More Dark Matter Experiment Results
A dark-matter experiment deep in the Soudan mine of Minnesota now has detected a seasonal signal variation similar to one an Italian experiment has been reporting for more than a decade.
The new seasonal variation, recorded by the Coherent Germanium Neutrino Technology (CoGeNT) experiment, is exactly what theoreticians had predicted if dark matter turned out to be what physicists call Weakly Interacting Massive Particles (WIMPs).
“We cannot call this a WIMP signal. It’s just what you might expect from it,” said Juan Collar, associate professor in physics at the University of Chicago. Collar and John Orrell of Pacific Northwest National Laboratory, who lead the CoGeNT collaboration, are submitting their results in two papers to Physical Review Letters.
WIMPS might have caused the signal variation, but it also might be a random fluctuation, a false reading sparked by the experimental apparatus itself or even some exotic new phenomenon in atomic physics, Collar said.
Dark matter accounts for nearly 90 percent of all matter in the universe, yet its identity remains one of the biggest mysteries of modern science. Although dark matter is invisible to telescopes, astronomers know it is there from the gravitational influence it exerts over galaxies.
Theorists had predicted that dark matter experiments would detect an annual modulation because of the relative motion of the Earth and sun with respect to the plane of the Milky Way galaxy.
The sun moves in the plane of the galaxy on the outskirts of one of its spiral arms at a speed of 220 kilometers per second (136 miles per second). The Earth orbits the sun at 30 kilometers per second (18.5 miles per second). During winter, Earth moves in roughly the opposite direction of the sun’s movement through the galaxy, but during summer, their motion becomes nearly aligned in the same direction. This alignment increases Earth’s net velocity through a galactic halo of dark matter particles, whose existence scientists have inferred from numerous astronomical observations.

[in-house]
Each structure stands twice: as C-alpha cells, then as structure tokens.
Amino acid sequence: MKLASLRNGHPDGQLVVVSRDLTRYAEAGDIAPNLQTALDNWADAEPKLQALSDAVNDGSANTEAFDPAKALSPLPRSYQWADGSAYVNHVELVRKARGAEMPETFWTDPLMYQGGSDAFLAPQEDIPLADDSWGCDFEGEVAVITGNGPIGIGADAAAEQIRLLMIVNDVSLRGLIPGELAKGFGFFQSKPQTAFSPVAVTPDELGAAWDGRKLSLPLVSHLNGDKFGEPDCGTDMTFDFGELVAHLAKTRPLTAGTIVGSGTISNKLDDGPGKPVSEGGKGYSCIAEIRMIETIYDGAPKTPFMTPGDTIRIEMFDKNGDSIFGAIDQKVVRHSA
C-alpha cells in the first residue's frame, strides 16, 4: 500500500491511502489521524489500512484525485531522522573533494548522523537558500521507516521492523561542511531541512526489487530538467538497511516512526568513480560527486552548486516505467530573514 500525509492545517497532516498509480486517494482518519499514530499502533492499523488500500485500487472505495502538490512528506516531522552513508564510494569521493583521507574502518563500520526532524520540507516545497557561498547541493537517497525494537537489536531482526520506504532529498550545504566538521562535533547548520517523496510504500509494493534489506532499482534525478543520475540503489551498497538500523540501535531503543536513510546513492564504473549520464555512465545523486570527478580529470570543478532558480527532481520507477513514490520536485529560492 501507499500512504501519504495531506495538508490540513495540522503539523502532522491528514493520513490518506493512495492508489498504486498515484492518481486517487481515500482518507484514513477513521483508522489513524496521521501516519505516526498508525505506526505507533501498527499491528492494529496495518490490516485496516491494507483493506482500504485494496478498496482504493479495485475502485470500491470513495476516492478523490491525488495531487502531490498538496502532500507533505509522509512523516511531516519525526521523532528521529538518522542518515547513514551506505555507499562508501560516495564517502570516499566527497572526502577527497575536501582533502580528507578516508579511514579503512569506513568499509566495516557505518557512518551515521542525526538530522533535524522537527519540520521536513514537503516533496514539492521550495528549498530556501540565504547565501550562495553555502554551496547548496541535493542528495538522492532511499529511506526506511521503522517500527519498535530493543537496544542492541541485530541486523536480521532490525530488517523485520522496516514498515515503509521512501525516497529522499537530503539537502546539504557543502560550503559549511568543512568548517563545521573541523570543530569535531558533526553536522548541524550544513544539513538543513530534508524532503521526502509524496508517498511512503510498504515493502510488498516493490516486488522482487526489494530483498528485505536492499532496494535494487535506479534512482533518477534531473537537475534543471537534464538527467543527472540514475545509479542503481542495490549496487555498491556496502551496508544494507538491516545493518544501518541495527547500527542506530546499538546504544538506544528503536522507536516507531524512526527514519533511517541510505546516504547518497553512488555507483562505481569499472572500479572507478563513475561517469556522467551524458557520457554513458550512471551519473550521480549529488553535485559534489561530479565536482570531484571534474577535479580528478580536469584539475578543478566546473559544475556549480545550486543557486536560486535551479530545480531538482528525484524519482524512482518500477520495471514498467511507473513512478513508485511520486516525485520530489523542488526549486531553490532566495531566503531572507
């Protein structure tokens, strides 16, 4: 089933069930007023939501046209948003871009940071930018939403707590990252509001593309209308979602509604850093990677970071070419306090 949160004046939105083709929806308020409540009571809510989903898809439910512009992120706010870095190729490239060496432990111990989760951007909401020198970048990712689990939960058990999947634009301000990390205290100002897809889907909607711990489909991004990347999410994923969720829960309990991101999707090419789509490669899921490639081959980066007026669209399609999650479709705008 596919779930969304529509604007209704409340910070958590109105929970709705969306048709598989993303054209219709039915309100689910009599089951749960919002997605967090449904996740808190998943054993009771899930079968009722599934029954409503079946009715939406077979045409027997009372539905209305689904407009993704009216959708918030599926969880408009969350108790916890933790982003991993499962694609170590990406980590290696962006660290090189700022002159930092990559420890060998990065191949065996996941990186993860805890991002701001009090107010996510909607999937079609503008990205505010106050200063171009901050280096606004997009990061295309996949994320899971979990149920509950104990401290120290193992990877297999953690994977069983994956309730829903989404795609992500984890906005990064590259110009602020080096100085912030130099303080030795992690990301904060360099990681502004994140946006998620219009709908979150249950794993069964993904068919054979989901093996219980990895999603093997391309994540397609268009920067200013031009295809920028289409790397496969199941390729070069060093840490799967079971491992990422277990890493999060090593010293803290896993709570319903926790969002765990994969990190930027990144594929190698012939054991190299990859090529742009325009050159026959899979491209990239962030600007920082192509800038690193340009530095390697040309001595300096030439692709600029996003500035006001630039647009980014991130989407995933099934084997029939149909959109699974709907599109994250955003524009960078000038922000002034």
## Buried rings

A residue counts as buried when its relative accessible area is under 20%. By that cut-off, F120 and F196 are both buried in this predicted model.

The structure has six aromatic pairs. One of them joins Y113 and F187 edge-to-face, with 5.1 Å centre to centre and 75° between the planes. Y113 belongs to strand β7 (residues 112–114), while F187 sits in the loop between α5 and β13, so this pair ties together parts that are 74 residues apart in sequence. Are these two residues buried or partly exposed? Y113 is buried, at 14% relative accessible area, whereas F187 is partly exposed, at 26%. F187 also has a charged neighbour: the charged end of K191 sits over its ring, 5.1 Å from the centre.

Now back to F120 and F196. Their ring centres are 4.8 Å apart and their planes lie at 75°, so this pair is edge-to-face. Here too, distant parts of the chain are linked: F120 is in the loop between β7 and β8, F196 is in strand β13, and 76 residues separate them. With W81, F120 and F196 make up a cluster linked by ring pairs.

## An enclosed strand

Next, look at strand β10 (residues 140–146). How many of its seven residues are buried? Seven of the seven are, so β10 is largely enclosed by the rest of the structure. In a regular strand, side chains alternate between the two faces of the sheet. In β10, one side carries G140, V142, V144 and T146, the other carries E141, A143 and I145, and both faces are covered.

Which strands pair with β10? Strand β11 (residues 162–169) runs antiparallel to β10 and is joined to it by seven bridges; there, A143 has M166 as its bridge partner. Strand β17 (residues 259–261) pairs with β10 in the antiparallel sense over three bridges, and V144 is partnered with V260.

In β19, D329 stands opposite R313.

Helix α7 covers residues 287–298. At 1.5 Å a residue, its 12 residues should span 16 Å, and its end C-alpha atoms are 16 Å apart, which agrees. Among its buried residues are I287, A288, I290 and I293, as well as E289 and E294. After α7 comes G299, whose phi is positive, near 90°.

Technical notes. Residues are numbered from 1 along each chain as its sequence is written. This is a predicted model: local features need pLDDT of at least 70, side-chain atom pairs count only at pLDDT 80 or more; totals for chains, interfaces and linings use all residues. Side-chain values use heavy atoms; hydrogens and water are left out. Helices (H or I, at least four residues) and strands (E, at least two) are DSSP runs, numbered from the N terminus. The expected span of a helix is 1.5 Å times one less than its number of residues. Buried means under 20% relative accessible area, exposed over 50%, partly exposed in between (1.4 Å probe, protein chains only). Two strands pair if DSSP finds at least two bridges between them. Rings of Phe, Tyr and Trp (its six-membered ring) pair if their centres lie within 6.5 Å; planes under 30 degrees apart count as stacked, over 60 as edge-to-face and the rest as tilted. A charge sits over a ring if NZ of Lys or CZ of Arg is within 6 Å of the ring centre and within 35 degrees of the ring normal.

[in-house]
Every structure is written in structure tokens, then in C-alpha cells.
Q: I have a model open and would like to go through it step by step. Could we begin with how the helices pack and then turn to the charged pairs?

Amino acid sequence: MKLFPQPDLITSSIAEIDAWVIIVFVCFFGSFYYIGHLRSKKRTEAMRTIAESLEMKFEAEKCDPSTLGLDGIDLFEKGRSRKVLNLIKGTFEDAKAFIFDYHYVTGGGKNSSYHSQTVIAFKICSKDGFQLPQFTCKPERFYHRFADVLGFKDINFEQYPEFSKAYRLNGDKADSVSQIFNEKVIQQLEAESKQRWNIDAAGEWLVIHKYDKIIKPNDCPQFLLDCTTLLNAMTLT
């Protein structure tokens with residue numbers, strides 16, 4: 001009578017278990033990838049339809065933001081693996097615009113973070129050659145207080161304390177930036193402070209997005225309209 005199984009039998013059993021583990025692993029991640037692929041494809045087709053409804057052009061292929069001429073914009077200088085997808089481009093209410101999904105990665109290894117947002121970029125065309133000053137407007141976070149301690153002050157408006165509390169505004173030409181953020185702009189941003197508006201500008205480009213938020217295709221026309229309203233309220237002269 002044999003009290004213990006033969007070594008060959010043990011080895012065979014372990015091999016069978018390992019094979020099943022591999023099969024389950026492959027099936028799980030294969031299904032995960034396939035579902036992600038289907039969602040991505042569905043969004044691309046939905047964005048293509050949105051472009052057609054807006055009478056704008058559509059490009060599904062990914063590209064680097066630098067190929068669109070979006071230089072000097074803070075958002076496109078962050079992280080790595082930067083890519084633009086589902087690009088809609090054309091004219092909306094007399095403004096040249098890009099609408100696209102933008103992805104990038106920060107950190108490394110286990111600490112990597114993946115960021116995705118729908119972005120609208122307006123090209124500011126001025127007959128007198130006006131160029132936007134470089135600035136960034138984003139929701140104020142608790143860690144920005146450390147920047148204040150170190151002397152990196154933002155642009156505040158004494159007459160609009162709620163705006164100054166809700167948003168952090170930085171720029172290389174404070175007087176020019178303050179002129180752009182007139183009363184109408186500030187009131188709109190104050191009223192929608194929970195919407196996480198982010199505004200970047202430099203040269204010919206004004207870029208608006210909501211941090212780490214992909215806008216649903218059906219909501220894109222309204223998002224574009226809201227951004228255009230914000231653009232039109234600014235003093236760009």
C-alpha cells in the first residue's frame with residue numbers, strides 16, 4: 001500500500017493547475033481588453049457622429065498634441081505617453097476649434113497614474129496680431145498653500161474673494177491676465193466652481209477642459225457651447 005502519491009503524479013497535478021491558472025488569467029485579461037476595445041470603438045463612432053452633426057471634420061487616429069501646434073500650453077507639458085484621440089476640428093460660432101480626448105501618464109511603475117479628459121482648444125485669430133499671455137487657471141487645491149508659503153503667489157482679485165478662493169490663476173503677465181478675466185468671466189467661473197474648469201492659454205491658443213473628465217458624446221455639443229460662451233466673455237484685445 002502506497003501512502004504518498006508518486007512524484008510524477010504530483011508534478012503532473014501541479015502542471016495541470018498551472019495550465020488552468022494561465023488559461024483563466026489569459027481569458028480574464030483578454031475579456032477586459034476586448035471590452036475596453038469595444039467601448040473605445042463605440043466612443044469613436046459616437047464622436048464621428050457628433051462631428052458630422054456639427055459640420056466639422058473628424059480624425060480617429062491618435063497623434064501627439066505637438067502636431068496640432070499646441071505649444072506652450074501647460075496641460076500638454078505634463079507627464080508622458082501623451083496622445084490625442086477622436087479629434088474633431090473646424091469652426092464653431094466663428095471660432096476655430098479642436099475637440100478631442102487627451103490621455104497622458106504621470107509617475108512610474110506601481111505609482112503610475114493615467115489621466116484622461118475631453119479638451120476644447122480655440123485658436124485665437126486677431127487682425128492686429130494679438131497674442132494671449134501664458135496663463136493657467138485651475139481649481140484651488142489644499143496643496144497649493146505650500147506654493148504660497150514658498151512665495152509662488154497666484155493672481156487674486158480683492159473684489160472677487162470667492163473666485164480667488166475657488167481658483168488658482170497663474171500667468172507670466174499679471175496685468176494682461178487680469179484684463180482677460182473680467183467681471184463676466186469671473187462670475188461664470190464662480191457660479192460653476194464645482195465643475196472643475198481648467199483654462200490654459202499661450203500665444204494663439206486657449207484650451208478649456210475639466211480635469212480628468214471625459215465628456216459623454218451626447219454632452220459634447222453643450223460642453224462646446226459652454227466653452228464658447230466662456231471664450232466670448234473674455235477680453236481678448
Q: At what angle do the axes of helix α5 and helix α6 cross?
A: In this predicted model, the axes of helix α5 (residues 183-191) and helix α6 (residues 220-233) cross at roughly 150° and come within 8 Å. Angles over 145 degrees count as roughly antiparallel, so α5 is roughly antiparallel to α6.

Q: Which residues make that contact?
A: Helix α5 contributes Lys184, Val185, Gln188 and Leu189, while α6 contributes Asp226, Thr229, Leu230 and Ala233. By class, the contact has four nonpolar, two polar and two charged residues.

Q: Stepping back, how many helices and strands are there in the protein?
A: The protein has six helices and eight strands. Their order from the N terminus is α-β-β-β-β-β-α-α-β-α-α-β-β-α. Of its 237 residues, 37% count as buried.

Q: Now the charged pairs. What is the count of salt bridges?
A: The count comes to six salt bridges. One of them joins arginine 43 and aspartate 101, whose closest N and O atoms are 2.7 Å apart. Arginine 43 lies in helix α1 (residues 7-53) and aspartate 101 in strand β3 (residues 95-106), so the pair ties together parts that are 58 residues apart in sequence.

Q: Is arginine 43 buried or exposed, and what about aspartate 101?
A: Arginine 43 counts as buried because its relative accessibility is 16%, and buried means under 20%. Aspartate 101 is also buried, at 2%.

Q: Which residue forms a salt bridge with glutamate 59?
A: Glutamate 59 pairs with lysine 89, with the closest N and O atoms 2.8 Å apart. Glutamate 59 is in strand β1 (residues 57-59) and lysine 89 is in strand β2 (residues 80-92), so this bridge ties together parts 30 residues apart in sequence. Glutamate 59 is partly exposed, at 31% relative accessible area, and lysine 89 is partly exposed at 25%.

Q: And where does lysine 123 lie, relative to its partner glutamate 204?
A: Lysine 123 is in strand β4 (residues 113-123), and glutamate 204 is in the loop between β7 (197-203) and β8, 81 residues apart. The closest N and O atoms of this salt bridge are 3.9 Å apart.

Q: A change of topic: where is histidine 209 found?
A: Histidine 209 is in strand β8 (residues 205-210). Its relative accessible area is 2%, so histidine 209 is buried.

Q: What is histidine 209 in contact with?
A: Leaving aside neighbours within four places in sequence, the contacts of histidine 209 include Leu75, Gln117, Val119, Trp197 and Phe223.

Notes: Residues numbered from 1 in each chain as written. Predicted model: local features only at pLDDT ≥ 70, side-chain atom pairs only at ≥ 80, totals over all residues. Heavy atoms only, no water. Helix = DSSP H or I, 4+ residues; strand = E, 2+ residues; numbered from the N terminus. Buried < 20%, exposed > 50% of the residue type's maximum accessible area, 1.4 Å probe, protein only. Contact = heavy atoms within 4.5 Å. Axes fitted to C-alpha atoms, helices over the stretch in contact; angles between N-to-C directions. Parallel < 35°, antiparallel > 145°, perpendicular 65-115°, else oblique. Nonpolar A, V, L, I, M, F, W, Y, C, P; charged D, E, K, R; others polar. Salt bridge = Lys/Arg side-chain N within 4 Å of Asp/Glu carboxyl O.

WIMPs would be moving in random directions in this halo, at velocities similar to the sun’s. “You find yourself in a situation similar to a car moving through a cloud of gnats,” Collar explained. “The faster the car goes, the more gnats will hit the front windshield.”
CoGeNT seems to have detected an average of one WIMP particle interaction per day throughout its 15 months of operation, with a seasonal variation of approximately 16 percent. Energy measurements are consistent with a WIMP mass of approximately 6 to 10 times the mass of a proton.
These results could be consistent with those of the Italian DArk MAtter (DAMA) experiment, which has detected a seasonal modulation for years. “We are in the very unfortunate situation where you cannot tell if we are barely excluding DAMA or barely in agreement. We have to clarify that,” Collar said.
In particle physics, he further cautioned, agreement between two or three experiments doesn’t necessarily mean much. The pentaquark is a case in point. Early this century, approximately 10 experiments found hints of evidence for the pentaquark, a particle consisting of five quarks, when no other known particle had more than three. But as time went on, new experiments were unable to see it.
“It’s just incredible,” said UChicago physics Professor Jonathan Rosner. “People still speculate on whether it’s real.”
Collar and his colleagues have calculated the probability that their finding is a fluke to be five-tenths of a percent. Other dark-matter experiments, including Xenon100, have not detected the seasonal signal that CoGeNT and DAMA have reported.
CoGeNT operated from December 2009 until interrupted by a fire in the Soudan mine in March 2011. Fifteen months of data collection is a relatively brief period for a dark-matter experiment. In fact, Collar and his colleagues decided to examine the data now only because the fire had stopped the experiment, at least temporarily.